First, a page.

verb en·mesh \in-ˈmesh, en-\
At one time or the other during our lives, most of us find ourselves involved in a friendship that seems wonderful at first. There are lots of common interests, and spending time with this new friend is lots of fun. But after just a few weeks, or maybe months, we realize that the new friend has attached herself in a way that reminds us of barnacles, or sucker fish, or some other life form that grabs hold and will not let go.
You can’t do anything with other friends. If your new friend is not included, she will call you, text you, leave you long emotional messages while you’re out without her.
You find that you have become responsible for your new friend’s happiness and peace of mind. She tells you, “No one has ever understood me like you do,” or “I just don’t know what I’d ever do without you. Promise me you’ll never leave me!”
If you’re married, your new friend is critical of your husband; or perhaps she praises him to the skies until it’s really pretty embarrassing. She manages to insinuate herself into your family, becoming friendly with your children in a way that makes you more than a little uneasy.
She may start dressing like you do, or fixing her hair like yours. She may ask you to help her pick out some new clothes for her because you have such marvelous taste. She wants to know what shampoo you use, what perfume–you always smell so nice!–and what you’re making for dinner that night.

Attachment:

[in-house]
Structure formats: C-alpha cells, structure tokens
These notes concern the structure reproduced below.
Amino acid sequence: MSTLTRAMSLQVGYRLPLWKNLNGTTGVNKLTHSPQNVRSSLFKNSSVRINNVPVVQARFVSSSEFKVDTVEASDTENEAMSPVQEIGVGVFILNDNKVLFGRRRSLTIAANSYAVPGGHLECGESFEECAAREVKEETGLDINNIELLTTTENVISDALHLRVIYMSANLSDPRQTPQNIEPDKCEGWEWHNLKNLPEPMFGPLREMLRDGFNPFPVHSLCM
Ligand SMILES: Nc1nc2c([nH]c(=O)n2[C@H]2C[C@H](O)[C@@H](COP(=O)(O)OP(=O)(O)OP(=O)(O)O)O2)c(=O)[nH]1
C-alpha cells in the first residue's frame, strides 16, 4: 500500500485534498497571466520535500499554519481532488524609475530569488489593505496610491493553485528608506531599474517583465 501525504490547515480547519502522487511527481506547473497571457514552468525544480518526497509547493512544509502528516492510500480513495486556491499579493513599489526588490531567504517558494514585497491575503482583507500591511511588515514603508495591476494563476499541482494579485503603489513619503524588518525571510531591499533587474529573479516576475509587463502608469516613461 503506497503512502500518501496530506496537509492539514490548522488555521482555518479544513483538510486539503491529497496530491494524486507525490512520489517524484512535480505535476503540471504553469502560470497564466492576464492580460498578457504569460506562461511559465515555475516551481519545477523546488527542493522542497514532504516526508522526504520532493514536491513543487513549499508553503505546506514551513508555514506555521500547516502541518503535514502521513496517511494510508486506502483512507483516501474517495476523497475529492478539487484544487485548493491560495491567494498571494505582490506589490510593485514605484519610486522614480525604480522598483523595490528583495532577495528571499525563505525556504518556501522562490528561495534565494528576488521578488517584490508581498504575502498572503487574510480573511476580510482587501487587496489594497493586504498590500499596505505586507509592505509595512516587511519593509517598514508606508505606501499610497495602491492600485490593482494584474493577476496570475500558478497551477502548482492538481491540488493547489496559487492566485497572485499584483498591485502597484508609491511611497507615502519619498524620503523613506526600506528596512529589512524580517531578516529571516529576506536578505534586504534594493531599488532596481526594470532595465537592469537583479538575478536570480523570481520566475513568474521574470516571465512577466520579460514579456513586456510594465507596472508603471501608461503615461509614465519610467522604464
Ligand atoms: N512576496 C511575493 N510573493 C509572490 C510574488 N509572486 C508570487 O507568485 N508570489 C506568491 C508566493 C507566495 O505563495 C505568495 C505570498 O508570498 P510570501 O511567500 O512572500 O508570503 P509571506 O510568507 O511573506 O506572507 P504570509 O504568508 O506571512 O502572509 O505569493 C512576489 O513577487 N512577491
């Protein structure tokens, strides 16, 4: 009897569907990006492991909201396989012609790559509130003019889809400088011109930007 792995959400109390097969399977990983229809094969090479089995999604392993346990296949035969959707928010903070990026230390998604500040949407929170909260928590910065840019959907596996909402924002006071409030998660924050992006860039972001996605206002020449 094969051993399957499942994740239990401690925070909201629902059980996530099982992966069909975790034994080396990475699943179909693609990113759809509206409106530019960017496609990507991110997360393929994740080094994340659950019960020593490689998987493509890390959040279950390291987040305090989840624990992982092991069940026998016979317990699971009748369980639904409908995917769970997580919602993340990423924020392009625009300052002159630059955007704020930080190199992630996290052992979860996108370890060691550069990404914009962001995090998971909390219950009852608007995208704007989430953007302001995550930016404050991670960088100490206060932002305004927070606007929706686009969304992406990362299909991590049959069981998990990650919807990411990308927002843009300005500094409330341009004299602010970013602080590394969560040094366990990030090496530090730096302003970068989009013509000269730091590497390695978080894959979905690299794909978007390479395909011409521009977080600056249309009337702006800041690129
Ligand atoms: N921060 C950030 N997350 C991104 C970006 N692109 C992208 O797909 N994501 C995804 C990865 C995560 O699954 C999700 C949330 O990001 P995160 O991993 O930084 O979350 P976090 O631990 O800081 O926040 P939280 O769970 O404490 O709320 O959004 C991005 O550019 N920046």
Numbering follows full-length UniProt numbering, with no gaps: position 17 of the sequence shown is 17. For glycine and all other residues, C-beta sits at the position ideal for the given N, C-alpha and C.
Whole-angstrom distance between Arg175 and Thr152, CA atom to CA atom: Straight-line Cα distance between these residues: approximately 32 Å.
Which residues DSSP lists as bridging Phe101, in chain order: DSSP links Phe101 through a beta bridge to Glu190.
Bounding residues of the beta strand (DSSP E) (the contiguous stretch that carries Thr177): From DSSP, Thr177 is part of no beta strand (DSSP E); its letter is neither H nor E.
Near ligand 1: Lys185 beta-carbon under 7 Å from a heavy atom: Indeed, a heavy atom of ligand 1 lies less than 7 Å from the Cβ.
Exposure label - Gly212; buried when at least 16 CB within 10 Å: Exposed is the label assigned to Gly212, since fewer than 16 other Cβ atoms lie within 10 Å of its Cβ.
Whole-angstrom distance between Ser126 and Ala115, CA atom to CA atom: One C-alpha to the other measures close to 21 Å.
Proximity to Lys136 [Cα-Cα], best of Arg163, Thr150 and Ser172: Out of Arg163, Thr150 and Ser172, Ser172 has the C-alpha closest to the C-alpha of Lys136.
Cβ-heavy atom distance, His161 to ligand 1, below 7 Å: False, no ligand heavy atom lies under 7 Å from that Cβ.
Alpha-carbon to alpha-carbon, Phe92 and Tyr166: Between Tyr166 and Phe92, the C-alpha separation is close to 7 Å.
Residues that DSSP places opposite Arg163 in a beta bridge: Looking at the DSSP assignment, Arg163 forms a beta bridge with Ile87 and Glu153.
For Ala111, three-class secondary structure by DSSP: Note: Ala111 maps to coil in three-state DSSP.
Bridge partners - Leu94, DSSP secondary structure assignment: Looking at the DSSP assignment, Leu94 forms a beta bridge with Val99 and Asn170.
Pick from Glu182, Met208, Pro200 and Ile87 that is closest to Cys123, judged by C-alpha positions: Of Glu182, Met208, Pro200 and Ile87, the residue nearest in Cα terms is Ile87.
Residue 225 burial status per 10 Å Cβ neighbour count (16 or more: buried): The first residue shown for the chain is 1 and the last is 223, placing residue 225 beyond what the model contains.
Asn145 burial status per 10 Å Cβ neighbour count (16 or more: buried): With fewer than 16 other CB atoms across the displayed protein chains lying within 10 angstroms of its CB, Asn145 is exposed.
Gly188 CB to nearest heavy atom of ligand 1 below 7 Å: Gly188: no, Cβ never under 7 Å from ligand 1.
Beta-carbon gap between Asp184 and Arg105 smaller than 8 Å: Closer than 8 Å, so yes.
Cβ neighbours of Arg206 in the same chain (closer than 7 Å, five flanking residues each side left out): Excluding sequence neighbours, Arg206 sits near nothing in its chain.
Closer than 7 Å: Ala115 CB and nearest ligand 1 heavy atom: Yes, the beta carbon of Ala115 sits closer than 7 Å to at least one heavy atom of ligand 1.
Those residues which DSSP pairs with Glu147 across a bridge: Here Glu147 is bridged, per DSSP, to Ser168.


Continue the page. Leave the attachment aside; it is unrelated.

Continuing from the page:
At first, all this devotion may seem sweet, even make you feel very special. It isn’t long, however, before you realize you’ve become entangled with an emotionally unhealthy person, and you desperately want to get out of the friendship. Trouble is, you’re a really kind person and you don’t want to hurt her feelings.
Or maybe there’s a person in your life who loves to call you every day, keeping you on the phone for hours at a time to talk about HER problems–never yours. You make suggestion, but nothing ever changes. How do you stop the calls?
Okay, I’ve set the scene. I’m going to try something different this week and ask you: “What would you do? How would you extricate yourself?” Let’s talk about this, see if we can come up with some ways that will really work.
And please be kind. This is not a place for name-calling or foul language. Let’s just get a good conversation going!